In the United States, not much has been done by the government regarding pornography. However, the use of child pornography in any form (i.e. distribution, viewing, selling children, etc.) is illegal. While this is a way to protect children from harm once the act has taken place-it does not prevent children from harm. Thus, this measure really addresses symptoms of a much bigger problem: a lack of education about sex and pornography. This type of education should particularly be implemented among youth.

            While school assemblies and advocacy groups are beginning to educate individuals and fight pornography head on, the most effective way to reduce consumption of pornography is for adults to teach sex and media education in the home. In fact, the likelihood of pornography exposure turning into pornography consumption significantly drops when positive standards regarding women, relationships, and sex are demonstrated in family life.

            What do you say we take that seriously?

            Let’s stop being okay with pornography! Let’s offer support and encouragement to those overcoming pornography addictions. We need to educate those who may one day find themselves in pornography’s grasp. We need to teach our children, and ourselves, what pornography really does. Prevention is better than intervention.

            Knowledge truly is power. Remember, the first step to combat pornography begins in our homes. Don’t take this drug lightly-it is a force to be reckoned with. Prevent it. Reduce it. Explain it. Understand it. Discuss it over the dinner table. Spread the word.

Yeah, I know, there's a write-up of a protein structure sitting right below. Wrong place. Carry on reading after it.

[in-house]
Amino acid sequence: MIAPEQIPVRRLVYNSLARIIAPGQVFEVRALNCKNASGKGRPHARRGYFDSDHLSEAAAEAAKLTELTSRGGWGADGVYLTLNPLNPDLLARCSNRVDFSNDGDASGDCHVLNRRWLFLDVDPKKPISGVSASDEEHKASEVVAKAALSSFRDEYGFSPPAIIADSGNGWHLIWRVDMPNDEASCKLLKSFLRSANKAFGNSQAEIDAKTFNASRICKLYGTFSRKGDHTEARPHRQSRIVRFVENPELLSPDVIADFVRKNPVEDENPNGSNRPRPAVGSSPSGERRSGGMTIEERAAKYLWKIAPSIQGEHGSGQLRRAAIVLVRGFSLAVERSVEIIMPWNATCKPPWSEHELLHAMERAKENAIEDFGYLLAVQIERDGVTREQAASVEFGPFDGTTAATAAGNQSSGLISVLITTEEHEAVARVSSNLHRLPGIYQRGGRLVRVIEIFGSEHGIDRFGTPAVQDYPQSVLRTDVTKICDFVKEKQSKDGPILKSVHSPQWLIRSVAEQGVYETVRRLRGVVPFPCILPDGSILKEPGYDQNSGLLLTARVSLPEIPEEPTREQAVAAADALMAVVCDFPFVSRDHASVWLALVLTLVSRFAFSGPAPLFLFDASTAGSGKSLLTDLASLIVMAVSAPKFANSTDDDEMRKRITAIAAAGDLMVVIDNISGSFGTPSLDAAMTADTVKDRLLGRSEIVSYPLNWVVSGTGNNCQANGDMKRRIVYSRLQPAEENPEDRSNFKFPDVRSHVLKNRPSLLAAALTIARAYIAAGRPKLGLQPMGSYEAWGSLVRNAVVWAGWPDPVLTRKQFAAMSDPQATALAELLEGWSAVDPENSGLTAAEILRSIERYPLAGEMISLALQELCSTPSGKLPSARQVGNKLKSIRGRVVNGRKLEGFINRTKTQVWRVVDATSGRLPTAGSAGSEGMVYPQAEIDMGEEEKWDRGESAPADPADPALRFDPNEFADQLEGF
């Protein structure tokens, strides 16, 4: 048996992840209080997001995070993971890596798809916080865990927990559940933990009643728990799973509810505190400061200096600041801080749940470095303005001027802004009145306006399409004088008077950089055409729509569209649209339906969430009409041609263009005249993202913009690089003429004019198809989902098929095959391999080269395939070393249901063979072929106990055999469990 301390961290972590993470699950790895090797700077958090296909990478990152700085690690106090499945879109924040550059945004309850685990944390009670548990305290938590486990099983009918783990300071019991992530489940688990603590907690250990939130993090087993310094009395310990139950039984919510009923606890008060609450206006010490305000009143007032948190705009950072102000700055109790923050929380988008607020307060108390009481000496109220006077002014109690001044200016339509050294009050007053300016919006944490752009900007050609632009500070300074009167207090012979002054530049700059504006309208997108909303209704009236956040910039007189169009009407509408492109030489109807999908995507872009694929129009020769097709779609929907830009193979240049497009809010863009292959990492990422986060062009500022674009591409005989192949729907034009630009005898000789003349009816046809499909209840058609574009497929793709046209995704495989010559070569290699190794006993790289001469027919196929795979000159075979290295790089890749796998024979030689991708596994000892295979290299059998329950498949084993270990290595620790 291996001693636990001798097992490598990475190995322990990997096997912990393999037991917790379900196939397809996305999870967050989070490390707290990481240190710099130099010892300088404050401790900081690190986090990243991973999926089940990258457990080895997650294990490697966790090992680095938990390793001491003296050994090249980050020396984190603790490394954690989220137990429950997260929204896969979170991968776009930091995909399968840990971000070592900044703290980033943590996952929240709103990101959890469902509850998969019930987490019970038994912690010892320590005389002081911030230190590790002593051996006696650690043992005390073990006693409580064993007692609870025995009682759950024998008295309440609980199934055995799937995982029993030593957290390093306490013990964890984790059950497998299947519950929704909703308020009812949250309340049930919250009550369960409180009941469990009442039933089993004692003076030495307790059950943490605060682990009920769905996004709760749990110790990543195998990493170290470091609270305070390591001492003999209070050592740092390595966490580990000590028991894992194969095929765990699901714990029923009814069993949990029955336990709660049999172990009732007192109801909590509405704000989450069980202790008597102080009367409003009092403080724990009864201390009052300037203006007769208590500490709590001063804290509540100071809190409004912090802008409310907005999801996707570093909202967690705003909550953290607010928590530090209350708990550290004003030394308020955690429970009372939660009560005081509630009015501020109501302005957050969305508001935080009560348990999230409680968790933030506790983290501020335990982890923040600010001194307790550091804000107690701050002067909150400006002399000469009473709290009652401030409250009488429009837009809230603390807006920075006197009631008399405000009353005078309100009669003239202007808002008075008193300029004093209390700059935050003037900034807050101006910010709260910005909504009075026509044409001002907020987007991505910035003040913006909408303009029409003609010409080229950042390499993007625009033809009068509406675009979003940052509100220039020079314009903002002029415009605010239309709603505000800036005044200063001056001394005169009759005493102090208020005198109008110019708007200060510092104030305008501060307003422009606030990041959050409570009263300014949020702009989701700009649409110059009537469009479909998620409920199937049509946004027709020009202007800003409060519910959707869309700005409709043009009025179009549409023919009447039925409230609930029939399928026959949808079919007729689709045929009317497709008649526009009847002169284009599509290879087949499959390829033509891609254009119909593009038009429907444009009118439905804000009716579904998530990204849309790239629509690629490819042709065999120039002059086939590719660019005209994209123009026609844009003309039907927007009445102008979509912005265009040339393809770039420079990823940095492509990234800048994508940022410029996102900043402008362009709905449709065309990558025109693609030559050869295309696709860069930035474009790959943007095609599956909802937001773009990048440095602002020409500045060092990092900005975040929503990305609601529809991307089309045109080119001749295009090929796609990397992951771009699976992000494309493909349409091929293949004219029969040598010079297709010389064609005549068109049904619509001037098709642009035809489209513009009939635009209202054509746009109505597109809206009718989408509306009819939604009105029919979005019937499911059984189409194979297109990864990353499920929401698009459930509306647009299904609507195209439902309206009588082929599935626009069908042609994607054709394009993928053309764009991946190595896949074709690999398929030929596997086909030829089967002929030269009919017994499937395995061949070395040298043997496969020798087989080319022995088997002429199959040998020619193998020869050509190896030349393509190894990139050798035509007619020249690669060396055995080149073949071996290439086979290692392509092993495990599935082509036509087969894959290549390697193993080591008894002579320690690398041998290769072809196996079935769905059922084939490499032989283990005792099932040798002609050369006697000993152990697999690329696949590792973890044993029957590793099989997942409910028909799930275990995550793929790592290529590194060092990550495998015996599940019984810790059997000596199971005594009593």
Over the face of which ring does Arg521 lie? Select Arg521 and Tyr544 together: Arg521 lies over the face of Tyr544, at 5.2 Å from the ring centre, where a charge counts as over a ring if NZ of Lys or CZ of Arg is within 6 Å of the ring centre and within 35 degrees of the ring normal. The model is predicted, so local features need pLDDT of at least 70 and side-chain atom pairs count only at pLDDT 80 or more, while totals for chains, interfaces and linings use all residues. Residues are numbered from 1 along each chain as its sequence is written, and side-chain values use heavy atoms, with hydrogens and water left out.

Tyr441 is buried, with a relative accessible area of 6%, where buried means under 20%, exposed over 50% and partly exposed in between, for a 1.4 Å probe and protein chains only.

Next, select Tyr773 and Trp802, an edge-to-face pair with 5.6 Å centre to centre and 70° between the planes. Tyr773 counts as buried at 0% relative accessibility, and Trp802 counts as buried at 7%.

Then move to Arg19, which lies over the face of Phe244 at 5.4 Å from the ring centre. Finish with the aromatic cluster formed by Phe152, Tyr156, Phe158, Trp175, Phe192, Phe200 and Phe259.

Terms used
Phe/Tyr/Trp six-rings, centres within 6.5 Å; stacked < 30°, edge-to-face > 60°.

Fill the Love Bank with Play

In Child Development, Families, father, motherhood, Parenting, Religion, The Family, Values on August 5, 2014 at 11:10 am

children on trampoline

by Nathalie Bowman

It was a beautiful Sunday afternoon. Dinner was over and my husband and I remained at the table, enjoying a conversation without the noise of the family. I glanced out the window and watched three of my sons and my daughter play on the trampoline. There was an intense battle going on in the imaginations of the children, and it was being played out before my eyes. I cringed as I watched fists being thrust at each other, boys being tackled and thrown down, and our little 4 year old girl doing somersaults and jumping all around them, her blond hair sticking straight out with static. She was a little princess helping the warriors save the castle. They were having a grand time releasing pent up energy from sitting in church earlier that day, and I was just waiting for the fight to get real and someone to get hurt (which didn’t happen).